Jupiter Ascending

So my wife and I watched Jupiter Ascending last night. I wanted to check it out because it looked like a pretty sprawling space opera. My wife kind of knew of it, but to say she was interested in watching it would be a huge stretch.

My wife and I are usually on the same page when it comes to movies. We both had the same reaction to the Matrix Trilogy: love the first, accepted the second, hated the third. We haven’t seen Speed Racer or Cloud Atlas. Any cachet the Wachowskis might have had, they burned to the ground with Matrix Revolutions. I would have been interested in seeing Jupiter Ascending no matter whose name was attached to it.

Well, maybe not if it were Uwe Boll . . .

The movie was fine. It wasn’t great. The visuals and action were pretty amazing and I’d give it high marks for those, but even then, in some of the fights – especially the starfighter engagement over Chicago – the geography and choreography of the fight was hard to follow. It was too quick and busy to really get involved.

This was definitely space opera. It certainly seemed to be a riff on Dune, with its trade houses and even an organization that supposedly had some level of oversight and influence on these houses – though this seemed more of an accepted fiction within the movie than an actual fact.

And this really impacted on the convoluted plot. Everyone is trying to be underhanded and sneaky about their plans and the ultimate fate of Earth (so very, very valuable . . . of course), but the big bad space police called the Aegis evidences no actual power or influence in the movie. By the end of the movie, all the Byzantine politics and scheming seem spectacularly unnecessary. Perhaps that was part of the message of the movie – without teeth, oversight is meaningless. Granted, that’s probably a good message for today, but it makes no sense in this movie. The Aegis aren’t supposed to be the FCC, they’re portrayed as a uniformed police force, the FBI, and Interpol all rolled into one.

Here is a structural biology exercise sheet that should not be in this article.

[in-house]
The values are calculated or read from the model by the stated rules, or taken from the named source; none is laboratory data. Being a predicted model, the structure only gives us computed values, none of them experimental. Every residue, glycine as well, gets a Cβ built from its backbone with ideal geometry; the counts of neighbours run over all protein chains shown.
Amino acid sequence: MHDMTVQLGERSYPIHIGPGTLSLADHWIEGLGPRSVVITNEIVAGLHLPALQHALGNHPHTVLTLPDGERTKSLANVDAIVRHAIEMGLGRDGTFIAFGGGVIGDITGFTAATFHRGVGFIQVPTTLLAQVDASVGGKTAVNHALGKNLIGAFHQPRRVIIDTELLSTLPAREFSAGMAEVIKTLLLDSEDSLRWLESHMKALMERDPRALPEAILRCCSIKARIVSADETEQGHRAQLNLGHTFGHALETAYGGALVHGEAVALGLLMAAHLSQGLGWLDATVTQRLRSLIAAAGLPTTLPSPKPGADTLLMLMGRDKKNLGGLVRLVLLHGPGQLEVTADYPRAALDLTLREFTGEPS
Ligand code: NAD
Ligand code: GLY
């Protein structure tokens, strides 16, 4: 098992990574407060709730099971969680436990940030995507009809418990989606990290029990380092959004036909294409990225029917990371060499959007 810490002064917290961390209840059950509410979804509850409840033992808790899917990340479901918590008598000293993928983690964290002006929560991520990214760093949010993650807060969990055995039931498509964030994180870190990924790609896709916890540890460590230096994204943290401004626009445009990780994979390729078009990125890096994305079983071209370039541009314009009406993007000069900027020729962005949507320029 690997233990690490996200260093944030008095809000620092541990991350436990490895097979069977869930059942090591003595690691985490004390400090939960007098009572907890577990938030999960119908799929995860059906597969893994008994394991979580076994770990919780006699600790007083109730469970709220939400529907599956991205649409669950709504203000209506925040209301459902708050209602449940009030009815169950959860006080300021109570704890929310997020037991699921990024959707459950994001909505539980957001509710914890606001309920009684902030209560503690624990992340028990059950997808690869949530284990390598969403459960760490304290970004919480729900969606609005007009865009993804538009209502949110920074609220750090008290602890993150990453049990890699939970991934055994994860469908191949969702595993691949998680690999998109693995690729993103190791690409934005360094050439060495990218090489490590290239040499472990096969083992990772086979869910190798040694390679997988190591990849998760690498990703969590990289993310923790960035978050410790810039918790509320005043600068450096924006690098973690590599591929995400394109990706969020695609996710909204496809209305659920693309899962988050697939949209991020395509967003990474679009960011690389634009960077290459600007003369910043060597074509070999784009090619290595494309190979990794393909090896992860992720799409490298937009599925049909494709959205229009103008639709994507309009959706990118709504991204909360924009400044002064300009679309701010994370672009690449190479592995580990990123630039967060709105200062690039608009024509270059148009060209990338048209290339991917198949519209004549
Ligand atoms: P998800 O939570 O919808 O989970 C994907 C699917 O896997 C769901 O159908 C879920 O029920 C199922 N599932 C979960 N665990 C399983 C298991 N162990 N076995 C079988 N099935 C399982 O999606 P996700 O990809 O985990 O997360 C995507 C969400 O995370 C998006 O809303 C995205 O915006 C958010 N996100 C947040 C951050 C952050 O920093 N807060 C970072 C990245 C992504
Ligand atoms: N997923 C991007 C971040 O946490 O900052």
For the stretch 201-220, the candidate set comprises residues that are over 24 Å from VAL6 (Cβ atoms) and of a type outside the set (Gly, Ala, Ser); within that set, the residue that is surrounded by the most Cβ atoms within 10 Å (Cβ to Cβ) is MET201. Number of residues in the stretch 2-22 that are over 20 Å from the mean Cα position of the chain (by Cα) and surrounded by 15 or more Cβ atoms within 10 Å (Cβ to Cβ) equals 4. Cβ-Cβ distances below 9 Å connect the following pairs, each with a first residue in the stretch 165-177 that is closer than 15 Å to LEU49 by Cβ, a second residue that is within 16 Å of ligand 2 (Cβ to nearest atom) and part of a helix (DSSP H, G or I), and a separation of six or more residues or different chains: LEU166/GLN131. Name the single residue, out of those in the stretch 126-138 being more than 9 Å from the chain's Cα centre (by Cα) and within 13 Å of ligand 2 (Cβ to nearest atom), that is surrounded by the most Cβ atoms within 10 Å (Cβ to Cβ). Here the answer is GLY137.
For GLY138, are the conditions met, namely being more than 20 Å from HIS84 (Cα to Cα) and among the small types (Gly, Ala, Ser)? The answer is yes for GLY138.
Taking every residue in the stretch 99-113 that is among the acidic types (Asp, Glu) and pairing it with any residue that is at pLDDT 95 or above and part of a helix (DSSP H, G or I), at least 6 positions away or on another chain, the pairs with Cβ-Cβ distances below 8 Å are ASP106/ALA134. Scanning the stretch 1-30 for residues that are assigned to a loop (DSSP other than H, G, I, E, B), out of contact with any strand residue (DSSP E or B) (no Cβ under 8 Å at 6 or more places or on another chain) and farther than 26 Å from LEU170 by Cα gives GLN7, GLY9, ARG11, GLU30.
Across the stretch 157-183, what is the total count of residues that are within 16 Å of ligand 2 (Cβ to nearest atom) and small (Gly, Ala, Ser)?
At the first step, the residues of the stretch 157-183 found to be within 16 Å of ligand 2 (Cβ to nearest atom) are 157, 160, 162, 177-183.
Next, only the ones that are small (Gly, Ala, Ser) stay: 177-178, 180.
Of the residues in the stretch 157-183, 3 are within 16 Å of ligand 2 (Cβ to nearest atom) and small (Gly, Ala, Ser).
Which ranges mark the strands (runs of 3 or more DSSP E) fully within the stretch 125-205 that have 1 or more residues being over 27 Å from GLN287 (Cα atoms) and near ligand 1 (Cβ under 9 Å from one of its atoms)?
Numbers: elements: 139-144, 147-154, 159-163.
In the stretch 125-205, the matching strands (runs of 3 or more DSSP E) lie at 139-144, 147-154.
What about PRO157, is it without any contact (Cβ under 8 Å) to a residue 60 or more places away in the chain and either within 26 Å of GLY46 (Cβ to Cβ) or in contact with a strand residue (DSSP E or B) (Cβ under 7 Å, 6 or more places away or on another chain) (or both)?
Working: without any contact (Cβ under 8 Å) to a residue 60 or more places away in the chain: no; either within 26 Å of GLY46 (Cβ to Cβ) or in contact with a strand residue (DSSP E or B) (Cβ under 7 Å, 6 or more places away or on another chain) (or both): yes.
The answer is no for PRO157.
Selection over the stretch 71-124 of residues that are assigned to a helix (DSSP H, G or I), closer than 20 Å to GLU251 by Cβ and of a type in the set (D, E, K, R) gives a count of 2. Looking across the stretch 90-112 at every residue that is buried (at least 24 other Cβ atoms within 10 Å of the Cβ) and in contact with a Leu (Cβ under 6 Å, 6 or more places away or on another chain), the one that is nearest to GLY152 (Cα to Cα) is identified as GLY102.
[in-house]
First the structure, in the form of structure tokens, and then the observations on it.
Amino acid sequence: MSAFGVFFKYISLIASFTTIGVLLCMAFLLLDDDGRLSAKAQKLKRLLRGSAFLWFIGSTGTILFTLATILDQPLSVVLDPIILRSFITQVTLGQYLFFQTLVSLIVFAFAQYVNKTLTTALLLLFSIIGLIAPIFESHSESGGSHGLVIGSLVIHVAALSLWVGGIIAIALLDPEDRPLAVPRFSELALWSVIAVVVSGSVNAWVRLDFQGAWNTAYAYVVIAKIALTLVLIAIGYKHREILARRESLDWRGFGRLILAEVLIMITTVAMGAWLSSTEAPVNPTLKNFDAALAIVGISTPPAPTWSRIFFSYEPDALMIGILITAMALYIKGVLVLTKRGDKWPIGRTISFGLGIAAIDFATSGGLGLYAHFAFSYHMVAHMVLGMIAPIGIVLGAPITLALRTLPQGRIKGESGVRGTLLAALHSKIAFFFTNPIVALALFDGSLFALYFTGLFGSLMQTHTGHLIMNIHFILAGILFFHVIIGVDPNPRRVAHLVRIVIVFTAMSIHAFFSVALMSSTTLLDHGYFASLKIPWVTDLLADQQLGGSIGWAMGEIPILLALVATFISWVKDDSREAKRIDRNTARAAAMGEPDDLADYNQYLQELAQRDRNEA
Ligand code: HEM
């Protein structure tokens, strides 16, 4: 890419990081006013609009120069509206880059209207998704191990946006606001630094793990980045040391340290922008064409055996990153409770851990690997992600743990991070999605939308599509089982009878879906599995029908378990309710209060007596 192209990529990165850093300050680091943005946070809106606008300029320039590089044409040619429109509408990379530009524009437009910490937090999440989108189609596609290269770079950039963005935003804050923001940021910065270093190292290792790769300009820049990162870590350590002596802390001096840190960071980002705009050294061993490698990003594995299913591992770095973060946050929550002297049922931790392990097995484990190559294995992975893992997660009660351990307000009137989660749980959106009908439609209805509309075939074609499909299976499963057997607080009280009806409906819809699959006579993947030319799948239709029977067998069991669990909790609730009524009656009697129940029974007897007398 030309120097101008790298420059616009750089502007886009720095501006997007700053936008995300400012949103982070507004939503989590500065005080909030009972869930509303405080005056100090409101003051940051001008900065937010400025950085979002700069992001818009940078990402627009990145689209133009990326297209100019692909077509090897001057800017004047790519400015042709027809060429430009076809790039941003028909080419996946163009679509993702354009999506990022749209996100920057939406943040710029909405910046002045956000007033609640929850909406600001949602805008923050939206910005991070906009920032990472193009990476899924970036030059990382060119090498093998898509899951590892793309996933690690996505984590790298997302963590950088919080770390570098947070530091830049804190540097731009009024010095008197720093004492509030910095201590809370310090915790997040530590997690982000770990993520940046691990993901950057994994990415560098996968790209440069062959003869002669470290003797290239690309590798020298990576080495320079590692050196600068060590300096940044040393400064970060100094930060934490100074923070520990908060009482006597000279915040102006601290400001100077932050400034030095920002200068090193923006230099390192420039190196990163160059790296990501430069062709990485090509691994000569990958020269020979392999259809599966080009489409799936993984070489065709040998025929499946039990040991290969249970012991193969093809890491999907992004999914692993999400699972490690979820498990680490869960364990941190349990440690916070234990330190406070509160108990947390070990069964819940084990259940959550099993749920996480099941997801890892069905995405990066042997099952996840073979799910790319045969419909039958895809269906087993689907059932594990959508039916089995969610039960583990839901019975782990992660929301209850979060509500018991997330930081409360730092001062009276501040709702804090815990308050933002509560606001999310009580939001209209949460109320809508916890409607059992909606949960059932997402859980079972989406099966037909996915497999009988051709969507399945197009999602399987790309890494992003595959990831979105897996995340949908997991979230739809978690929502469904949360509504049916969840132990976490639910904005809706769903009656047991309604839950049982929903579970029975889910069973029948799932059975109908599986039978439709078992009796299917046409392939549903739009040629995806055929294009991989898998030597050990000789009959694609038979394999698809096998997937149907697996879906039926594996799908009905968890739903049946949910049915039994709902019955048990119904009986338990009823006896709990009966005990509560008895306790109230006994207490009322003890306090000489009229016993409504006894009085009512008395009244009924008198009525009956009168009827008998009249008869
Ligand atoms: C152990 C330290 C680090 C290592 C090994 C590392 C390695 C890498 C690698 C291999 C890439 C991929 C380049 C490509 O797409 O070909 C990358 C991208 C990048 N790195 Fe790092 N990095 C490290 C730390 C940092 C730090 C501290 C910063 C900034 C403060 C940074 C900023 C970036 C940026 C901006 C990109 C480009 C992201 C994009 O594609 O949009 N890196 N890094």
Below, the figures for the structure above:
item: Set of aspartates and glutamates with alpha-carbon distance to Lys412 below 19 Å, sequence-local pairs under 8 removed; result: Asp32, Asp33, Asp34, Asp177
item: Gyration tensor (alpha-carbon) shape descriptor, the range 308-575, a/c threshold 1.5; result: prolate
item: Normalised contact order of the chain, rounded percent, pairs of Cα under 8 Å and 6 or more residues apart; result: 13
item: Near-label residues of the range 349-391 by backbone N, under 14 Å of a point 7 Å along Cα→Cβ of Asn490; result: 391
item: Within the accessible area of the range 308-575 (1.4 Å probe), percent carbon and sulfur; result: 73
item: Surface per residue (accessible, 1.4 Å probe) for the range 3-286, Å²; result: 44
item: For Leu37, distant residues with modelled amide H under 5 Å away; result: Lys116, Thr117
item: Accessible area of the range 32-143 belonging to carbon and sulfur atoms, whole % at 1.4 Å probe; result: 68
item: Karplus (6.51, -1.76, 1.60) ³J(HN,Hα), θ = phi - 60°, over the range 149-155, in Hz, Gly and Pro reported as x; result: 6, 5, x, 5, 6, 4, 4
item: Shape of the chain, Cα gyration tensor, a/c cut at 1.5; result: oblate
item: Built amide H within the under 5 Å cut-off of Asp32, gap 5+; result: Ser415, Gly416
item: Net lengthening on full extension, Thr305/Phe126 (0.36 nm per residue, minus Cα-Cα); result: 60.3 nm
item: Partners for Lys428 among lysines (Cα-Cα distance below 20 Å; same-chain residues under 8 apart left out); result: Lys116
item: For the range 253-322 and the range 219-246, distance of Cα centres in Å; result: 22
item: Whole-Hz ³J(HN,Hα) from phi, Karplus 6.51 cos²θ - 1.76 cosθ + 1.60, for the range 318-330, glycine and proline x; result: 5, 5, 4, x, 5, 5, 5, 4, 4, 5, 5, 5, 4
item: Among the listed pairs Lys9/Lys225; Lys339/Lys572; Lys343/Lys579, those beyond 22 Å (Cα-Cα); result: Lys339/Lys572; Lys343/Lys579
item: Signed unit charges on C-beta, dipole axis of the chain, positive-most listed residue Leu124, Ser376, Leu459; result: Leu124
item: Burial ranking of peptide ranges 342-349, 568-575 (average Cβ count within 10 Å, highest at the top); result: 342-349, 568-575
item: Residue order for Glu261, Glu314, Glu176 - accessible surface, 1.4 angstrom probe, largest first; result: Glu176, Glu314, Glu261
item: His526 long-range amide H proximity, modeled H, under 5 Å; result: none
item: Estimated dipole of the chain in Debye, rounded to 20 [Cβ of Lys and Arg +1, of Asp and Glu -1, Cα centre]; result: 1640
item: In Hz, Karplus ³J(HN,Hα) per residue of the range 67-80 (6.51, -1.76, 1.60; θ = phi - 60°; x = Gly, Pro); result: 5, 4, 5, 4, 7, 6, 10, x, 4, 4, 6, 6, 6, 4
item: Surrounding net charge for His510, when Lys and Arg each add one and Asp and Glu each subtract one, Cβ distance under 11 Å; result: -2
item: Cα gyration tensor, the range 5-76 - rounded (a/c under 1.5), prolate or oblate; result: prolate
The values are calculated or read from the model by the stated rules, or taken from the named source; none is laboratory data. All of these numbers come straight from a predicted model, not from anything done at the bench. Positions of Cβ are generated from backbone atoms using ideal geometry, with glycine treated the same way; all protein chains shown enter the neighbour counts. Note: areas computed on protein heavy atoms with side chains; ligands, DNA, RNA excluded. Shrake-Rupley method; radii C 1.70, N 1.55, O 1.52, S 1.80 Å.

So the plot seems needlessly complex, and within that plot are a bunch of two-dimensional characters who spout clichés. There are no surprises in this movie. Well, the lead character’s final choice is a surprise, but it also seems pretty indefensible. I can find reasons for the decision, but they frankly seem pretty weak and only viable when placed in a stark black & white, binary choice situation. There must be a million middle roads between the choice the character makes and the blandishments of those trying to use her throughout the movie.

This is a complete waste of some actors who have proven their range in other performances. They do their best with the script they are given, but they really aren’t given much with which to work. Eddie Redmayne, who plays the main villain, chews scenery like he knows exactly what kind of movie he is in and decides to have fun with it.

In the end, Jupiter Ascending has very little going for it.

I give Jupiter Ascending 2.5 harvested planets out of 5. It looks great and a couple of the action scenes are honestly tense, but in general its 127 minutes of complexity and implied profundity that actually covers its mundanity. Kind of like Matrix Revolutions.

You can learn more about Jupiter Ascending at Wikipedia or IMDB.

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